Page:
Why U.S. is giving greater priority to the Iran Nuclear Deal

In recent weeks, Washington has been showing greater urgency and flexibility, with regard to the revival of the Iran Nuclear Deal/ Joint Comprehensive Plan of Action (JCPOA)2015. It has agreed to the Russian demand, that Ukraine related sanctions will not have any bearing on Moscow’s economic relations with Tehran (within the framework of the 2015 deal). US is also likely to permit Russia to purchase excess uranium to prevent Iran from going ahead with building a nuclear weapon. While US State Department Spokesperson Ned Price said that there was a ‘practical’ role for Russia to play in any potential deal with Iran.  US National Security Advisor Jack Sullivan said that this was one of the ways of preventing Iran from going nuclear. Said Sullivan:

“Now, we don’t have to rely on any given country for any particular element of the deal, but that is a role that Russia played in the past — a practical role that didn’t have necessarily political significance but did have that practical significance,” 

One of the reasons for the US showing greater enthusiasm is that Iran along with Venezuela is amongst the countries which can make up for the oil shortfall resulting from the US ban on oil and gas imports from Russia which was announced on March 8, 2022 (the UAE and Saudi Arabia have refused to accept the US demand for pumping more oil). Recently, the Iranian oil Minister Javad Owji announced that Tehran was likely to increase its oil production to 5.7 million barrels per day (he did not provide any time frame). In 2021, Iran produced 2.4 million bpd, while in 2018 before imposition of sanctions it was producing 3.8 million bpd.

 Iran’s religious leader Ayatollah Ali Khamenei, has also signalled support for negotiations pertaining to the revival of the JCPOA 2015. Significant progress has been made in recent weeks between negotiating parties to the JCPOA, in spite of numerous hiccups (the most recent being the Ukraine crisis and Russia’s imposition of conditionalities mentioned above).

The US President Joe Biden is now facing stiff resistance domestically from US lawmakers – not just Republicans, but certain Democrats as well — with regard to some of the conditions of a proposed deal as well as the lack of transparency regarding the proposed deal.

Republican policy makers have also opposed delisting of Islamic Revolution Guard Corps (IRGC) as a terror organisation and removing of sanctions against organisations and individuals responsible for human rights violations in Iran. In a signed letter to US Secretary of State, Antony Blinken, Eighty Six Republicans who are members of the US House of Representatives have written:“We are united in strong opposition to any move to legitimize the IRGC’s reckless, destabilizing, and anti-Semitic actions throughout the Middle East,”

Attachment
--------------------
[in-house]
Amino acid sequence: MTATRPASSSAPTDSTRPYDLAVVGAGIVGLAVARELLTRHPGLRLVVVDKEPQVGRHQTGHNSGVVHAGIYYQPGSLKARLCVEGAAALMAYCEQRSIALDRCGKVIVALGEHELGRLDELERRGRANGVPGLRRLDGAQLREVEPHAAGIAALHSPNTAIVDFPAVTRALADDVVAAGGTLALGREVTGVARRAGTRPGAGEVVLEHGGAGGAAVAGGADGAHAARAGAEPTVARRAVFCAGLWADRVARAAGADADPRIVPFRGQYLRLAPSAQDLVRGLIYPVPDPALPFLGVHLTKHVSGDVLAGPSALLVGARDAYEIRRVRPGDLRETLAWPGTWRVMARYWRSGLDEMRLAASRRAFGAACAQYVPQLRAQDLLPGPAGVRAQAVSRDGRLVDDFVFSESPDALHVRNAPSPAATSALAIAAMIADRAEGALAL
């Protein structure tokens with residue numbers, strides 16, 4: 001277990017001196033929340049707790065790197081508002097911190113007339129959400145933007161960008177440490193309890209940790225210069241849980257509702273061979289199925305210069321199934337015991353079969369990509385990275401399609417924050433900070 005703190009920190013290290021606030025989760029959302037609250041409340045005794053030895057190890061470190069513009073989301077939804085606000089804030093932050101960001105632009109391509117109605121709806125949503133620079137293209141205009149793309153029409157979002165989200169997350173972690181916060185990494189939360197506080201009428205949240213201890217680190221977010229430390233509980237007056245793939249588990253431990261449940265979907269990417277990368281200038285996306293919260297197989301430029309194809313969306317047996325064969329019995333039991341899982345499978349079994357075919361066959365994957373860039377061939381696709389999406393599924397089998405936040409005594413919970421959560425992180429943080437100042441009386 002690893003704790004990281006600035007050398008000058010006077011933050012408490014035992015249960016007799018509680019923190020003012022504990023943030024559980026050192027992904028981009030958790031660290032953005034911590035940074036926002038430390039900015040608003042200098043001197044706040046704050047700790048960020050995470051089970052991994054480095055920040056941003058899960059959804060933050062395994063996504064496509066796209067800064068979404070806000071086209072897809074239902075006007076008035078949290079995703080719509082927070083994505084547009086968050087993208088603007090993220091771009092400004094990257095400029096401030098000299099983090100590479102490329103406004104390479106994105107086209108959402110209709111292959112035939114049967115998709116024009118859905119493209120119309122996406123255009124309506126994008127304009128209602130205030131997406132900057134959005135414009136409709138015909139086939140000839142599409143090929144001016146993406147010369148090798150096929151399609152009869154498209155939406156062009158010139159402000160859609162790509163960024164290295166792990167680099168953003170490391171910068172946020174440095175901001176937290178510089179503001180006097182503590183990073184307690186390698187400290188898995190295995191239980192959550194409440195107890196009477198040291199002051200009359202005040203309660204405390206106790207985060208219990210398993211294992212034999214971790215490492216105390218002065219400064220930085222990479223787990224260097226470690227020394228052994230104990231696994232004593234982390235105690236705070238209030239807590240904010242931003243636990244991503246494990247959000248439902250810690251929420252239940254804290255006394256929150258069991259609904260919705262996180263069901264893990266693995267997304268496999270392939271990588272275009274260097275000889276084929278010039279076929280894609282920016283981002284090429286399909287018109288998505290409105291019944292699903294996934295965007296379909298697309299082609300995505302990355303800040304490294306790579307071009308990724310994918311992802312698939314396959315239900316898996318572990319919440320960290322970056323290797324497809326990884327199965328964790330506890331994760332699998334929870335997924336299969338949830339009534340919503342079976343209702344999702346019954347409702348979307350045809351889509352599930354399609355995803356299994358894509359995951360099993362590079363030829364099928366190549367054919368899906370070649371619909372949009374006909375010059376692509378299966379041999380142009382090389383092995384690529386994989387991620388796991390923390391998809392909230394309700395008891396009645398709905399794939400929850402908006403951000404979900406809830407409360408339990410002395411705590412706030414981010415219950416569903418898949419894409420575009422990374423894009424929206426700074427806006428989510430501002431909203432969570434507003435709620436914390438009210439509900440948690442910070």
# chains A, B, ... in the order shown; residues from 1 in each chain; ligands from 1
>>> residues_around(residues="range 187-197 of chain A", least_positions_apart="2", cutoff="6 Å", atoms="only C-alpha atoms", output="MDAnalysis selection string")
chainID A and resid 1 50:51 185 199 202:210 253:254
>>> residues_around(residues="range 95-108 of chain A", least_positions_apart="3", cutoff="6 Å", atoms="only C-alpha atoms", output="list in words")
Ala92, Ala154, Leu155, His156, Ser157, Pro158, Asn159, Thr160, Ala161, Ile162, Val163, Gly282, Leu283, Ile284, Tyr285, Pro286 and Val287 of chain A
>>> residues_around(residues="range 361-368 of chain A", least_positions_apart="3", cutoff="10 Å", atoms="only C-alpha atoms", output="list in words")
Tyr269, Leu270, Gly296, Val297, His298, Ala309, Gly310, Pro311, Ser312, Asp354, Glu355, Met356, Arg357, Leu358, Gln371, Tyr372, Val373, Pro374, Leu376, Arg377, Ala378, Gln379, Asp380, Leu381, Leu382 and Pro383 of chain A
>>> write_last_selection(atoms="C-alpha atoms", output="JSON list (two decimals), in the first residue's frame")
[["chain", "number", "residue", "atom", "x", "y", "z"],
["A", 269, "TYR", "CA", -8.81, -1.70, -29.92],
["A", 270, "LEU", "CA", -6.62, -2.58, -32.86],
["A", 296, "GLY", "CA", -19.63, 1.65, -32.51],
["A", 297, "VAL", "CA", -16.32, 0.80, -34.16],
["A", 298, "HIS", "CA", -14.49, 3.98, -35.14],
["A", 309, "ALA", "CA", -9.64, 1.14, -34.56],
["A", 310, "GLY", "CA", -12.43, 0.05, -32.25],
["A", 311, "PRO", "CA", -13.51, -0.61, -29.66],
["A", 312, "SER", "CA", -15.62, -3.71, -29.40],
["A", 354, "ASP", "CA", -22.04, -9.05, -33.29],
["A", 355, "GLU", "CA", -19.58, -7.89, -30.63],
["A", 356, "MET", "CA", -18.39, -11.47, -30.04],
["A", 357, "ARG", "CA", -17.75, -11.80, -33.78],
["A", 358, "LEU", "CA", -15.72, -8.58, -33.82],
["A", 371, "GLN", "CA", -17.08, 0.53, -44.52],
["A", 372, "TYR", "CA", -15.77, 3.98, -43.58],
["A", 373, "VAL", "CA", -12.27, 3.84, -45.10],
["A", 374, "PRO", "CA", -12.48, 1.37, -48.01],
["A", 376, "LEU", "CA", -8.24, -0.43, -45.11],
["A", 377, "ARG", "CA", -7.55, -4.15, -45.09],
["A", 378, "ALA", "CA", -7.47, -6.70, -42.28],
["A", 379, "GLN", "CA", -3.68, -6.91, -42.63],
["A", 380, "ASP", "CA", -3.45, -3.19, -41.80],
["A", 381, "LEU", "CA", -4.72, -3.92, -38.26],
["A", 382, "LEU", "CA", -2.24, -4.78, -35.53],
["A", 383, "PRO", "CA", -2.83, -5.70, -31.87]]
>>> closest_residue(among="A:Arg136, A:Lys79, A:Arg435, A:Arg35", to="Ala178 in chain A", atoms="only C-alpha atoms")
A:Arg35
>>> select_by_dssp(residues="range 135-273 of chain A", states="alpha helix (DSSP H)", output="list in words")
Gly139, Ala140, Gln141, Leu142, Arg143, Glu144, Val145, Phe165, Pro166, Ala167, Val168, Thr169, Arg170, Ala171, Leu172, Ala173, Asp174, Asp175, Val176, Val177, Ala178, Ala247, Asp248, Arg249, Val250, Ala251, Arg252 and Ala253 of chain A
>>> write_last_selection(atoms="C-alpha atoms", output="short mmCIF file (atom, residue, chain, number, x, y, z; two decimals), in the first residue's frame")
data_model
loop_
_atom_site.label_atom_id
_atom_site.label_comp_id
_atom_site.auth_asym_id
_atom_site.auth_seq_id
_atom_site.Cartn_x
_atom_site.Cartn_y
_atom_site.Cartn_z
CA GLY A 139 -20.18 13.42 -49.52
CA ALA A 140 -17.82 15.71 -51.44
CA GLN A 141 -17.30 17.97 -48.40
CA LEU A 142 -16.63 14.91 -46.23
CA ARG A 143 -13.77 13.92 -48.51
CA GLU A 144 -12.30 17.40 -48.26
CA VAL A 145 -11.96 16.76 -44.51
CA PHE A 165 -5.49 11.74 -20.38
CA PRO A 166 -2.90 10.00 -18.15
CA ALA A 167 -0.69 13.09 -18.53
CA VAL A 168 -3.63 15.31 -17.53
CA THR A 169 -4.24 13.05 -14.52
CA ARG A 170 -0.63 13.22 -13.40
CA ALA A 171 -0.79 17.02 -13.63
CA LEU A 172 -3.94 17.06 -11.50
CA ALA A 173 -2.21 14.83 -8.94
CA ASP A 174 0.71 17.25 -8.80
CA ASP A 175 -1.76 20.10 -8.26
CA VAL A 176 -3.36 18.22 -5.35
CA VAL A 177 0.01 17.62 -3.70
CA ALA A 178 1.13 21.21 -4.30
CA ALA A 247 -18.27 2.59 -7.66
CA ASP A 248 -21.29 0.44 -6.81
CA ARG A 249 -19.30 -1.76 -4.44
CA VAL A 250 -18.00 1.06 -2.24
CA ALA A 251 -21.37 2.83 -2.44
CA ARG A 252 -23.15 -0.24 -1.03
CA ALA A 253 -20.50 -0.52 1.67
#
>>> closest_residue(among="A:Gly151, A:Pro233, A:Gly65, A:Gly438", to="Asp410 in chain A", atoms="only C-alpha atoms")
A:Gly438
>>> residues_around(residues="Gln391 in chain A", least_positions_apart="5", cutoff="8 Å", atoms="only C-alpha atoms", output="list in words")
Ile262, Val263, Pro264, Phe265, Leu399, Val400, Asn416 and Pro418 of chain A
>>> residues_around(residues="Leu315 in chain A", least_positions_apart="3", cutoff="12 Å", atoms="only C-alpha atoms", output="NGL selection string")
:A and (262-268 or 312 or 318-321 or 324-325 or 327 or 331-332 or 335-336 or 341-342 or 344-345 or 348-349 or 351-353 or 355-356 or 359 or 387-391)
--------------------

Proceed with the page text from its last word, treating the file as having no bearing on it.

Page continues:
US law makers have also pointed to the fact that a nuclear deal should not impact US ties with Gulf Countries (in recent months, ties with UAE and Saudi Arabia have witnessed a significant deterioration). Some Democrats have expressed skepticism with regard to whether Iran will actually meet fulfil the conditions of the 2015 Nuclear Agreement, while others have highlighted the point that US ties with both China and Russia, two signatories to the deal, have deteriorated significantly and expressed their doubts with regard to this being the right time to go ahead with any agreement . The deal is also being opposed by certain lawmakers on the ground that Russia’s economy will benefit significantly since one of the conditions of a possible deal will be that sanctions imposed by the US, EU related to Ukraine will not impact Russia’s economic relations and nuclear agreements with Iran. A number of Democrats are supporting the Biden Administration’s efforts towards reviving the deal and have categorically stated that withdrawal from the JCPOA was a big blunder committed by Former US President, Donald Trump. The US State Department on its part has said that there has been outreach vis-à-vis members of Congress in order to build a strong political consensus.

In conclusion, while Biden currently faces an array of domestic and foreign policy challenges, building bipartisan consensus domestically with regard to revival of the Iran Nuclear deal is important. Given the state of US-China and US-Russia relations as well as the geopolitical landscape of the Middle East, this is going to be an onerous task.

Tridivesh Singh Maini
Tridivesh Singh Maini
Tridivesh Singh Maini is a New Delhi based Policy Analyst associated with The Jindal School of International Affairs, OP Jindal Global University, Sonipat, India